‘One of Margaret Thatcher’s defining characteristics as a politician was a need for enemies. To fuel the aggression that drove her career she had to find new antagonists all the time to be successfully demonized, confronted and defeated.”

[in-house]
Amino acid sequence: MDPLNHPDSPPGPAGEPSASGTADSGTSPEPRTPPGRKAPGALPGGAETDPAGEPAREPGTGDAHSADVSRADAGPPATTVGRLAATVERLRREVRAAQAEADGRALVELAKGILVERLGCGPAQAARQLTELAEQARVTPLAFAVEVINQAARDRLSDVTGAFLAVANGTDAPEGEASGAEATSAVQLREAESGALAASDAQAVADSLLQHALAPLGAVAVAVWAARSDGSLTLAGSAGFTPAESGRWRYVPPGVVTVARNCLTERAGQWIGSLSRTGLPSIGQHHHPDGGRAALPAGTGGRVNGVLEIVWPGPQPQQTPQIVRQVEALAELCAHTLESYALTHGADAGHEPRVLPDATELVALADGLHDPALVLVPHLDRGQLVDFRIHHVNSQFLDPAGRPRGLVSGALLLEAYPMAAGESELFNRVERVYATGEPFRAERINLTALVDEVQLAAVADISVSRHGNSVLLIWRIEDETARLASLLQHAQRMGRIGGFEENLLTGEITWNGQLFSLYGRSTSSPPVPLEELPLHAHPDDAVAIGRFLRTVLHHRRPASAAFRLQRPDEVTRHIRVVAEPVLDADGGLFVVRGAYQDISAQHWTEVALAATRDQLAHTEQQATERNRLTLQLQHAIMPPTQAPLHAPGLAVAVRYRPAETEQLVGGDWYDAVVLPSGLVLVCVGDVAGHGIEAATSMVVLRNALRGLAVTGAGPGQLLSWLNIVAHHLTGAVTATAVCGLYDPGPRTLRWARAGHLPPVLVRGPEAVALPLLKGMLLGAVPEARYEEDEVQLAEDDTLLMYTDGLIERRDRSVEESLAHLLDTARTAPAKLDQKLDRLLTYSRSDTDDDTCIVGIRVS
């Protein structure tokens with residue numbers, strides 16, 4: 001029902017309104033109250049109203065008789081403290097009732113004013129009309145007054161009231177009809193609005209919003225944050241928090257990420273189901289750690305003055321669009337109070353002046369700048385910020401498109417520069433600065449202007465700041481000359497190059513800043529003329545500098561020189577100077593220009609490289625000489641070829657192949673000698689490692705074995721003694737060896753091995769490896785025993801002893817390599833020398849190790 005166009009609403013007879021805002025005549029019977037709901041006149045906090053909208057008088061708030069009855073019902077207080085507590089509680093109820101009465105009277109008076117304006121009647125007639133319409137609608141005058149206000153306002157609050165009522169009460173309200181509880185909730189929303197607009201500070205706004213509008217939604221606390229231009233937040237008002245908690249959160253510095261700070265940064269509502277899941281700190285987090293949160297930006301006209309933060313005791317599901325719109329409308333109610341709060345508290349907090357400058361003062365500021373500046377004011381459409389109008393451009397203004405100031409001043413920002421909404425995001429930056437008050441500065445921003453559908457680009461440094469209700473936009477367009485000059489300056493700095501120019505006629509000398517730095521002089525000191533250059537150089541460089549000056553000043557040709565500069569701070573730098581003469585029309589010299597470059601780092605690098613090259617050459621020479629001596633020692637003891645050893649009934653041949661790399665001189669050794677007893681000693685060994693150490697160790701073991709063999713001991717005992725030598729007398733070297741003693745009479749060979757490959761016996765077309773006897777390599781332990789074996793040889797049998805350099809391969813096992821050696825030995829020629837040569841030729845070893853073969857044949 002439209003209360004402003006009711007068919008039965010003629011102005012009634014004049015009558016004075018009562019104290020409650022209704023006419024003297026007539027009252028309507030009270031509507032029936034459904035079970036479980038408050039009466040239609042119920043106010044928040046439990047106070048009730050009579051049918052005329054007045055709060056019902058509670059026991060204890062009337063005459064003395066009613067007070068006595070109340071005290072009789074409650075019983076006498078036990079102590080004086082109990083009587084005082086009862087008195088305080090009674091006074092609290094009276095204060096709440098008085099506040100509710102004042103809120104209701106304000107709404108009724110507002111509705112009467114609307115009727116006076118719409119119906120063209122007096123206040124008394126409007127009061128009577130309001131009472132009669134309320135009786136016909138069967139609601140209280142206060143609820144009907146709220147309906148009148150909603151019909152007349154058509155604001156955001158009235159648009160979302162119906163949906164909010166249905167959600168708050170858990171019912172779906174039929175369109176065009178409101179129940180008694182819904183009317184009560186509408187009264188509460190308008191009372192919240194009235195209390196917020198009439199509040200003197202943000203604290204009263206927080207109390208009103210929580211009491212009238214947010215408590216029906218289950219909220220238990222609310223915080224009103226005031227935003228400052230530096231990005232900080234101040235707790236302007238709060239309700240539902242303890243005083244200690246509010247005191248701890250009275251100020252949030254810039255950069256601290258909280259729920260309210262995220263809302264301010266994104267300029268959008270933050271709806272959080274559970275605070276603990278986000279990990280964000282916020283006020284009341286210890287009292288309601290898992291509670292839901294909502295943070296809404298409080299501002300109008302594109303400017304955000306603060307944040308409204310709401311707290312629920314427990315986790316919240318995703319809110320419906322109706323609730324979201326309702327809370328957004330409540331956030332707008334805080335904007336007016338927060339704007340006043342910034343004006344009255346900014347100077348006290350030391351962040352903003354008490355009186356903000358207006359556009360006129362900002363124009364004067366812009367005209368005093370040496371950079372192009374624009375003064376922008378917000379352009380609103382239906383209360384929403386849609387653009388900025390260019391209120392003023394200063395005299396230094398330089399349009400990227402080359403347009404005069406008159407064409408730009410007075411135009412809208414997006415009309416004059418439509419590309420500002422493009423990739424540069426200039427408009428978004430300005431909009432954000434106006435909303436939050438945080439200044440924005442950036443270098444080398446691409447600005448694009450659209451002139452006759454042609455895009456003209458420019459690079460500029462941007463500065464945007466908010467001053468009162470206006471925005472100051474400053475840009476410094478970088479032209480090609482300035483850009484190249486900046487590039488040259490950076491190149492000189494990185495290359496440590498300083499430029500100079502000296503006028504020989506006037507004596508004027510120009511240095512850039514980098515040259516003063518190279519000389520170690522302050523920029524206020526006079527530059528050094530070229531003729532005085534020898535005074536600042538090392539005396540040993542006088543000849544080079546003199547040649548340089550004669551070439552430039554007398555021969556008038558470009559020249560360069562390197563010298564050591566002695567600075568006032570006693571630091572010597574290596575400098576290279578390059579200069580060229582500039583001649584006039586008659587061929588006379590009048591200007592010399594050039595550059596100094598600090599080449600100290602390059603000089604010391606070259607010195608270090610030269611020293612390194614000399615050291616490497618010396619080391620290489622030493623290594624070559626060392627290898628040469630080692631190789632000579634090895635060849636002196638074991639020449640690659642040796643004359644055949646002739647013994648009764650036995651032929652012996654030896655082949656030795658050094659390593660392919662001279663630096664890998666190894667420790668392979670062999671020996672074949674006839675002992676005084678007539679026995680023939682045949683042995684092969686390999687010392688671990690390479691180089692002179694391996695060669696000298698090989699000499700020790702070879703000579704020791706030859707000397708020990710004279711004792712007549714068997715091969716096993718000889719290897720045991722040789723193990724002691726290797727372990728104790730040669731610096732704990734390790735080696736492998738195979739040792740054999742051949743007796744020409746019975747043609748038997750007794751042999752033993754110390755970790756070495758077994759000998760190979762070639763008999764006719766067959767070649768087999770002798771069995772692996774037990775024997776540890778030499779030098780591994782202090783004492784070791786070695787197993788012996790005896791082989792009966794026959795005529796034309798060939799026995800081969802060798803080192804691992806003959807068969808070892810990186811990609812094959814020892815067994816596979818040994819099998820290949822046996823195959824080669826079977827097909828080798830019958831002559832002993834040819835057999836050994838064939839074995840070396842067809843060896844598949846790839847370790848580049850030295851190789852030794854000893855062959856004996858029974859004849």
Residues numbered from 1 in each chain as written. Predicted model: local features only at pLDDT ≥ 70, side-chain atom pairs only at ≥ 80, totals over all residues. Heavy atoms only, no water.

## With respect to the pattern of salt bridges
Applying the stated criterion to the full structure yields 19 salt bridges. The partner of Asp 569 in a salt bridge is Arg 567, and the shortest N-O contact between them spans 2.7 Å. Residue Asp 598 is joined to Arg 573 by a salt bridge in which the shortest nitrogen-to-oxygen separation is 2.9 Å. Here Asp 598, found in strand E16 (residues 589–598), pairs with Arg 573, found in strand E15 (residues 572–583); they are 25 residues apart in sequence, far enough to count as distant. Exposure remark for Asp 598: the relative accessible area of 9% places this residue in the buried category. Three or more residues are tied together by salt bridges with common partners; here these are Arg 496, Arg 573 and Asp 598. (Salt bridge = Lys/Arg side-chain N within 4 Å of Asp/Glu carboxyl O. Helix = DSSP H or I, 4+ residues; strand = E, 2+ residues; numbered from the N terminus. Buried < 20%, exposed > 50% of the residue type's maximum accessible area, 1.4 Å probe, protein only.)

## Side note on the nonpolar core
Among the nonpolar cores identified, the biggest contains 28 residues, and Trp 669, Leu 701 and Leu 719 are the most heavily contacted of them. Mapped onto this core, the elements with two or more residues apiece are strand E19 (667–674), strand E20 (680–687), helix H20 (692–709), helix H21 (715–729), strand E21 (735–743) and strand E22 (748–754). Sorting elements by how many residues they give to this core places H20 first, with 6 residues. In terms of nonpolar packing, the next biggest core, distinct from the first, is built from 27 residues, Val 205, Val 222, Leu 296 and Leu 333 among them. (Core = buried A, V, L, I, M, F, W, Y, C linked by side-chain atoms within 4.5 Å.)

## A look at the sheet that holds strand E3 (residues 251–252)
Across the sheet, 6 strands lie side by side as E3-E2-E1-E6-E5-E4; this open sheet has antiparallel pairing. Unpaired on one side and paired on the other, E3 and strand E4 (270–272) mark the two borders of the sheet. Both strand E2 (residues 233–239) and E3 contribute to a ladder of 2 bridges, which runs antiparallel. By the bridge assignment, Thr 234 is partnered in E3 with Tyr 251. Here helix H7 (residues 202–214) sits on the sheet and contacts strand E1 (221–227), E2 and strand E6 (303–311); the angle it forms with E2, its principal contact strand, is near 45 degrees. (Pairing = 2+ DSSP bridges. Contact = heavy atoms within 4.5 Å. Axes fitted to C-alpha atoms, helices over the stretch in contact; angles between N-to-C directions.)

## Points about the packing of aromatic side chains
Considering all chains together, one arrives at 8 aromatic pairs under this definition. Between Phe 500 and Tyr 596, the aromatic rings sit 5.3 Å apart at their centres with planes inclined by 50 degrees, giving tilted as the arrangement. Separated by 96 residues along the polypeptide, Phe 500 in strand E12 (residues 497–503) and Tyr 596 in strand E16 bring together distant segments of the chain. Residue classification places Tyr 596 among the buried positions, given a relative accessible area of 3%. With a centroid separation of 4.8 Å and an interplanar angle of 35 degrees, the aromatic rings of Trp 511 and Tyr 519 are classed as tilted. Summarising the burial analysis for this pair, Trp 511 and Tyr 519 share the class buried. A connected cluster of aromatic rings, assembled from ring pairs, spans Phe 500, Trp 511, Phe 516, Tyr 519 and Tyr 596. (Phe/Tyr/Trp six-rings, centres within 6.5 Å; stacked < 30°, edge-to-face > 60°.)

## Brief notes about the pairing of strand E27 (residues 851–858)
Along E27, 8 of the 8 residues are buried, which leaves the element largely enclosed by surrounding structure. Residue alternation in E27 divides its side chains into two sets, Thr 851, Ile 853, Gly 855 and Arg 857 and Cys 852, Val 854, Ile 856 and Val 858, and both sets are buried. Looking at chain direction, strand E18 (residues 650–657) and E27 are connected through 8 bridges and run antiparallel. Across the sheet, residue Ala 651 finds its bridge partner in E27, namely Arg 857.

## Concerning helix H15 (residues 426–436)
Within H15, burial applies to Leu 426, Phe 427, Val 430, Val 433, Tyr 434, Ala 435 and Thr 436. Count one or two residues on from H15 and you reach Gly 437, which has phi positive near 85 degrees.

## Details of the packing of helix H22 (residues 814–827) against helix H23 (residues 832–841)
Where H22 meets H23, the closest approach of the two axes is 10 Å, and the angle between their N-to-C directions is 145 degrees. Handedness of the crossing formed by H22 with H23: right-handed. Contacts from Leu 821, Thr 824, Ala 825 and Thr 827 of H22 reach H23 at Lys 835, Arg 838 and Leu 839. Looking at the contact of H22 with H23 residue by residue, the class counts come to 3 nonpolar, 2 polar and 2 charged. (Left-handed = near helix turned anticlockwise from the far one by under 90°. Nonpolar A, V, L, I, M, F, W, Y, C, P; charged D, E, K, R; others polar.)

John Campbell in his book The Iron Lady devotes an entire chapter to this unusual premise. In simple terms, Campbell maintains that the “power” attributed to Mrs. Thatcher was partly of her own making, an aura created by picking fights with adversaries she knew she could defeat. Since there is no way to verify this contention, let us consider a larger and more fundamental question: Do women in politics set themselves up to be attacked, or are women in politics attacked because they can be — because it is considered acceptable?
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